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DIYstompboxes.com  |  DIY Stompboxes  |  Building your own stompbox  |  A new approach for cabinet simulators: Mechanical (or physical, whatever) filter 0 Members and 1 Guest are viewing this topic. « previous next »
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Author Topic: A new approach for cabinet simulators: Mechanical (or physical, whatever) filter  (Read 1290 times)
OnLyTNT
Posts: 30


A new approach for cabinet simulators: Mechanical (or physical, whatever) filter
« on: October 02, 2008, 03:32:34 PM »

Part 1:

Hello,

As an amateur poor room guitarist, I'm always searching for some ideas about how to get a nice guitar sound without having such big, expensive amps, cabinets, and other sound equipments. So, I'm ended up here like some (or many) of you. I see some electronic and software solutions out there to eliminate high frequencies and get much responsive sound like famous cabinets.

Software speaker simulators, as far as I know, is the best option for recording. They really sound detailed. But, some guys don't like the sound of digital processing or it's not practical and use electronic simulators which are not so detailed like software one and they mostly and simply behave as a low pass filter. Of course, Palmer simulators and other such expensive products are out of our subject.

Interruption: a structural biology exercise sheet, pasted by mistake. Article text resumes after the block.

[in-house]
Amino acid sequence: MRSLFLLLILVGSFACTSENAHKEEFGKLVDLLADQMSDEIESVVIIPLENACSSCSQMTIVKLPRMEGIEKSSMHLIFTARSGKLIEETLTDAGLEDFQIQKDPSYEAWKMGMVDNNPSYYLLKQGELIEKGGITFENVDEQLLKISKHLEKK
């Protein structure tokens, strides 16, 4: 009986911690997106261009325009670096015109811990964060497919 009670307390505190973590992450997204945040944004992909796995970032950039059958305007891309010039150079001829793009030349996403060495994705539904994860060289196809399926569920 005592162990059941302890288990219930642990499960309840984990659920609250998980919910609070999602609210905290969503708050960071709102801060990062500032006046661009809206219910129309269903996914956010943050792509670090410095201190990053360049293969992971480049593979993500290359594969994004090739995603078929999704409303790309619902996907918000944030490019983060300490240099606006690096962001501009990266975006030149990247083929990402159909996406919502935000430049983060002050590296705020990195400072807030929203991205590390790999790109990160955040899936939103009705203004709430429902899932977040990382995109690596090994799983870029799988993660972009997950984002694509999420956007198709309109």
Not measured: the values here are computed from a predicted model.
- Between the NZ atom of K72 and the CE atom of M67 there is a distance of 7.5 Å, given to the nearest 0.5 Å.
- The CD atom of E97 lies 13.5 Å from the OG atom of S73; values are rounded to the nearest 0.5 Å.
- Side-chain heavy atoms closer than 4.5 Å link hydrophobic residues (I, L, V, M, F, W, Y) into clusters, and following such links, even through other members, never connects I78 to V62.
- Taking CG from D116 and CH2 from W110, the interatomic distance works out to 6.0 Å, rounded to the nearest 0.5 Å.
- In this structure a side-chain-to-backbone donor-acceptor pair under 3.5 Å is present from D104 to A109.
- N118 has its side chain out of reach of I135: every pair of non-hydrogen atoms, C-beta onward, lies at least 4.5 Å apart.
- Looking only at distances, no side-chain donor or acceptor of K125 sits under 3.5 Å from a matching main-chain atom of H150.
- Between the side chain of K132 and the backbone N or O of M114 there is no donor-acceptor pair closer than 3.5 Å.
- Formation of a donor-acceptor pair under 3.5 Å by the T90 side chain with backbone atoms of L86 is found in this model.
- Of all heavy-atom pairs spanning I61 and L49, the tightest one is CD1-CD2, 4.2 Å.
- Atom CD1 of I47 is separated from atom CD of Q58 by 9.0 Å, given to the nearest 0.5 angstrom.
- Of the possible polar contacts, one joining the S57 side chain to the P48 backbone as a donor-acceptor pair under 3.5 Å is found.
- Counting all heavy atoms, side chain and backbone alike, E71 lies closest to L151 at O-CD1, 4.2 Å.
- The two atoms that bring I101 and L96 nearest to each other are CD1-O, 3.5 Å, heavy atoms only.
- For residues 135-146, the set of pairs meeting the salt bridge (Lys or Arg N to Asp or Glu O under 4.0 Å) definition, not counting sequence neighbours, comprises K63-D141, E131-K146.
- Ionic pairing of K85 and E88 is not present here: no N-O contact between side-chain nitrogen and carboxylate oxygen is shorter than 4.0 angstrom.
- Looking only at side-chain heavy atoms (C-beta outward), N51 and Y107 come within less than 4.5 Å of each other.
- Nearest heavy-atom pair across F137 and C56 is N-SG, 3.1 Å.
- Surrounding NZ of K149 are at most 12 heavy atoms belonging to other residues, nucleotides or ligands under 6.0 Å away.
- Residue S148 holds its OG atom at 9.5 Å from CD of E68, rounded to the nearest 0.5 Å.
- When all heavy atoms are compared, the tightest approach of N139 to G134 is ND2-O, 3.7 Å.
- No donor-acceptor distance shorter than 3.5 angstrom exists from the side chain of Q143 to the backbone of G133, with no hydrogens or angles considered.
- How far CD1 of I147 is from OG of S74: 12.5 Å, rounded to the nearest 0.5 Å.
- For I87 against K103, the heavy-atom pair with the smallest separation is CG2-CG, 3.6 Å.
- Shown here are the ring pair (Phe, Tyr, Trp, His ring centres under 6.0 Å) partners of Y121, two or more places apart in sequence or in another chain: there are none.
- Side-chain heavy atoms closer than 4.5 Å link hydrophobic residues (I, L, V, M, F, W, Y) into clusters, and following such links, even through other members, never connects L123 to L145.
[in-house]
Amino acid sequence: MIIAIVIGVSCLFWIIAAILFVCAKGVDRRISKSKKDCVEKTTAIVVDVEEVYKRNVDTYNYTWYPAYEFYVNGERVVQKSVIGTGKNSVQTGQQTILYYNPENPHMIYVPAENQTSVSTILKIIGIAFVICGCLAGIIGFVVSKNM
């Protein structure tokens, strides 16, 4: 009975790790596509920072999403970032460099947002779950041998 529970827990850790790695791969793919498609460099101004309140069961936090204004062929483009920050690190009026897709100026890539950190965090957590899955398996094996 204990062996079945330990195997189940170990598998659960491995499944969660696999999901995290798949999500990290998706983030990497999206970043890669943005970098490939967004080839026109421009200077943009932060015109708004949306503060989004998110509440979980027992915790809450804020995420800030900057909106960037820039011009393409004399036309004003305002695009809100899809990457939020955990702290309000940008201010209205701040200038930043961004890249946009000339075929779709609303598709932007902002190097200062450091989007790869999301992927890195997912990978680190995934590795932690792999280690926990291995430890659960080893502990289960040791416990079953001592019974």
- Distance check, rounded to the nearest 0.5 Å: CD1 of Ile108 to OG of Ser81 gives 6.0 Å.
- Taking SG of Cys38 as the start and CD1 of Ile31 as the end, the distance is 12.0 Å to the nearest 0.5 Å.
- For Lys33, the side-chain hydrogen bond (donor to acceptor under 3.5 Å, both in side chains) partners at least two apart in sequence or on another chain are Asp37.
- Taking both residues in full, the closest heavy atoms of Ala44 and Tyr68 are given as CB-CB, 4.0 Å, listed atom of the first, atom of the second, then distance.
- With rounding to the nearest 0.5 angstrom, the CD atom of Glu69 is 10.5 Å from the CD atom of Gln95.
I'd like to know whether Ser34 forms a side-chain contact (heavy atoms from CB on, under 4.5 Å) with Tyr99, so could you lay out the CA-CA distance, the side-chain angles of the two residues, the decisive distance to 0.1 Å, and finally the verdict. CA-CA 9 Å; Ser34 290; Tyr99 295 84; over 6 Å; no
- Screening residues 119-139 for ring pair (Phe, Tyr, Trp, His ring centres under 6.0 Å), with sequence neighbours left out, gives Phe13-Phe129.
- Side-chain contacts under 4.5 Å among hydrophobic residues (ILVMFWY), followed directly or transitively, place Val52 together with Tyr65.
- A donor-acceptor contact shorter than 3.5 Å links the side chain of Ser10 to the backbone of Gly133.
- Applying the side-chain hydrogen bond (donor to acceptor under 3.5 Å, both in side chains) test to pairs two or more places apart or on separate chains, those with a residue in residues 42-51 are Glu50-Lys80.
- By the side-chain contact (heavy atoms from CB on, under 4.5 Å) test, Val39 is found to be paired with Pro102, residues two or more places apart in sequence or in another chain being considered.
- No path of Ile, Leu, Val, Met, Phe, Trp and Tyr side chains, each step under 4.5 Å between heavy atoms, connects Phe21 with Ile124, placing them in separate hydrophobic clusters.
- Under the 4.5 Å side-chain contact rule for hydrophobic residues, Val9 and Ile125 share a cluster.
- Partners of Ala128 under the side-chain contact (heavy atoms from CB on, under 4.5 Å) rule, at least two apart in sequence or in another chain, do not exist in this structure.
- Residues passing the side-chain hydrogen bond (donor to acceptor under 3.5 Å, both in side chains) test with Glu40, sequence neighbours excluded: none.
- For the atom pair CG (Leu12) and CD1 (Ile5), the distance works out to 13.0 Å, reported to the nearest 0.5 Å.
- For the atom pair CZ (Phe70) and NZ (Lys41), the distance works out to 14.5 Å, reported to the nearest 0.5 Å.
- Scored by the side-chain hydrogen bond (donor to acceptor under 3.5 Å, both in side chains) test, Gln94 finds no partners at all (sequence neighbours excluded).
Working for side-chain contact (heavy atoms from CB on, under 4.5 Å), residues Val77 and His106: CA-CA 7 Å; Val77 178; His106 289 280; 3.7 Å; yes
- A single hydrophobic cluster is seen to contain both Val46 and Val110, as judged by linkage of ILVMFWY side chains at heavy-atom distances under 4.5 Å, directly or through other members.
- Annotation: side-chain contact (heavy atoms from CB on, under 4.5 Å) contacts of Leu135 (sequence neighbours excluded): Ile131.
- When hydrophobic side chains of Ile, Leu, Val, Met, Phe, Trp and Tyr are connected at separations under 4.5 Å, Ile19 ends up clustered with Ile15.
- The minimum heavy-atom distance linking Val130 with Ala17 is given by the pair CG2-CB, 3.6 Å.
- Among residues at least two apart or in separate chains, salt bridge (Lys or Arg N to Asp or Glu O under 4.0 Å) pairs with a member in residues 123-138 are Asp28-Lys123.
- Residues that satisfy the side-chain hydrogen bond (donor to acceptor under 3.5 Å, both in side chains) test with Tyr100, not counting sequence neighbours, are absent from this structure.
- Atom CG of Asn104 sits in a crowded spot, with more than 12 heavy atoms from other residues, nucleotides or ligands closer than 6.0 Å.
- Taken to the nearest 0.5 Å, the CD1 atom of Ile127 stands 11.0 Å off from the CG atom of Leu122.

As you know, the speaker cabinets can be configured to get some filter behaviors. They can boost or eliminate certain frequencies. Also, the speakers which produced special for guitar sound are naturally mechanical filters and have more characteristic response unlike hi-fi speakers.

The goal which I'm trying to reach is a cabinet simulator that is simple, inexpensive, organic (i mean not digital) and really sounds like a speaker. Using an electronic simulator through a small amplifier and a speaker then miking it up to get speaker dynamics is the simplest solution. But, I'm on something else  Grin.

Obviously , the main problem of the small speakers is high frequency part. So, most of the solutions are aiming that for now.

The first thing I experienced is a 5 cm. speaker attached directly to a 15cm. PVC pipe. This construction boosts low frequencies as you can see in a regular sub woofer design. But there is no box behind of the speaker. To eliminate high frequencies, I used some sponge in front of the speaker icon_lol. A Samson Q8 microphone was used to capture its sound and applied  some post filters. The mike was in the pipe, that is the most important part of this experiment. And the drive sound belongs to POD 2.0. Much sponge might have helped to eliminate the fizzy sound or some notch filters could do the trick. Actually, the original record by Inflames has some fizz in it too  icon_rolleyes